Kapaun-era jeep part of services
A 1943 military Jeep that veteran Robert Novak of Lost Springs has led Kapaun Day processions into Pilsen for 10 or 12 years was again in the lead Saturday as the chaplain’s remains arrived at St. John Nepomucene Church.
Novak, 94, was behind the wheel as usual. Veteran Ken Novak of Tampa accompanied him.
“I thought it was quite an honor,” Robert Novak said. “It was the right thing to do because Kapaun used a jeep like this on the battlefield.”
He said the Wichita Diocese requested it be brought to Wichita for today’s funeral parked at Hartman Arena.
Novak has owned the vehicle for about 25 years and cherishes it. He used it as it was during his service in Germany after World War II to convey messages and deliver supplies on the army base.
“I wasn’t too excited about sending it to Wichita, and I stressed the fact that somebody be around it all the time to make sure nothing gets pilfered off of it,” he said.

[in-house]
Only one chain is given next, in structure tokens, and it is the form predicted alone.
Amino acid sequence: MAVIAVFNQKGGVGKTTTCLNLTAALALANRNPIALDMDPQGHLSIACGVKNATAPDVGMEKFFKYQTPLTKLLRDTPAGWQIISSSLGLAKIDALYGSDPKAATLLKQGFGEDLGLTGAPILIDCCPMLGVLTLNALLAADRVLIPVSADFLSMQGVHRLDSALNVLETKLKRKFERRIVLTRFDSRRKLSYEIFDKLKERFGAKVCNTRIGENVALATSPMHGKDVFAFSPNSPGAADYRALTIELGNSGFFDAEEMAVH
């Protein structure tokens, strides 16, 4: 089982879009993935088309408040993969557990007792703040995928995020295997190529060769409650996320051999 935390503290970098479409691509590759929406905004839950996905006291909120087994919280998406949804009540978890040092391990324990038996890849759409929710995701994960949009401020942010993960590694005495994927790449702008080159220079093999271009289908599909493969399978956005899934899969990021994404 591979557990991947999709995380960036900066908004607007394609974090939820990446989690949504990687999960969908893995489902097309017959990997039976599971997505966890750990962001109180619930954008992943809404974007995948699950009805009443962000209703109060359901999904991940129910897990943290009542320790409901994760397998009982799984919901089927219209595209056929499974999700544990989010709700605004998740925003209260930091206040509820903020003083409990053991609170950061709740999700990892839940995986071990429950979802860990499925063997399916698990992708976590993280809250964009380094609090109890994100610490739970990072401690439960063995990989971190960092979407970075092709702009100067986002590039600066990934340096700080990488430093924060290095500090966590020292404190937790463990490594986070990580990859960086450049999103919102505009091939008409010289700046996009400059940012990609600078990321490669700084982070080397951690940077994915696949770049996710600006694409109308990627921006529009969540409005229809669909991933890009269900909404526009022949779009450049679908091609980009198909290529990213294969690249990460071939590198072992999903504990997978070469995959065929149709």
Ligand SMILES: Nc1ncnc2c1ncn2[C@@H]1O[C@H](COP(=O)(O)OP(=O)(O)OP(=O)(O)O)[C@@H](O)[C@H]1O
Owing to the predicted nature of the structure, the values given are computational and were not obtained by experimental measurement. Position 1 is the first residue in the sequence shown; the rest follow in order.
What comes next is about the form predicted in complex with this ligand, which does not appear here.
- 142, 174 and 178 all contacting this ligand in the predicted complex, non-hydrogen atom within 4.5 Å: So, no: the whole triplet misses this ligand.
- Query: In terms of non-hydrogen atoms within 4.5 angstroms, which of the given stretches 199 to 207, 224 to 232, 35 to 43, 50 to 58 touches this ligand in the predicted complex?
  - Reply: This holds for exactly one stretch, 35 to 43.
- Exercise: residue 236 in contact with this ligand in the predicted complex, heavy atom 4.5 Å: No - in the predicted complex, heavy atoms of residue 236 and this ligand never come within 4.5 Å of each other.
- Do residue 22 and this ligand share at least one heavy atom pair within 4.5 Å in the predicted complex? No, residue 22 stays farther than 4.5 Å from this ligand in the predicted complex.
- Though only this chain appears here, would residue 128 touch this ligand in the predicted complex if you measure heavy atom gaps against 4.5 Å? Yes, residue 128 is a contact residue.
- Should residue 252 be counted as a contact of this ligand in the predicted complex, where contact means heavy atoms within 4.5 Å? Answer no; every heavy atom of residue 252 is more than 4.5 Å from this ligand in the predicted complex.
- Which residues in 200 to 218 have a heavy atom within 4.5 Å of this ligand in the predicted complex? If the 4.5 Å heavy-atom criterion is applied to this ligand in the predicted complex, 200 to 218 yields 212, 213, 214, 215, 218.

It has many interesting, practical features. A shovel and axe hang on the frame on the driver’s side. A tank mounted on the rear can hold water or gasoline.
“Dark-out” lights mounted on a front fender and the rear were used at night to allow the driver to see vehicles directly to the front and rear without alerting the enemy. The jeep also is equipped with a night light of sorts on the dashboard.
A metal rifle case is mounted under the dashboard in front of the driver. The windshield has manual wipers operated by cranks Novak said a passenger could operate the blades as needed but if alone, a driver would have to keep one hand on the wheel.
Terry Vinduska of Marion took the vehicle to Wichita Tuesday evening.
A blanket over the hood will make it look like the jeep in a famous photo of Kapaun saying Mass in the field.
“I’m doing what they want, and it’s a minor part compared to what Chaplain Kapaun did,” Novak said.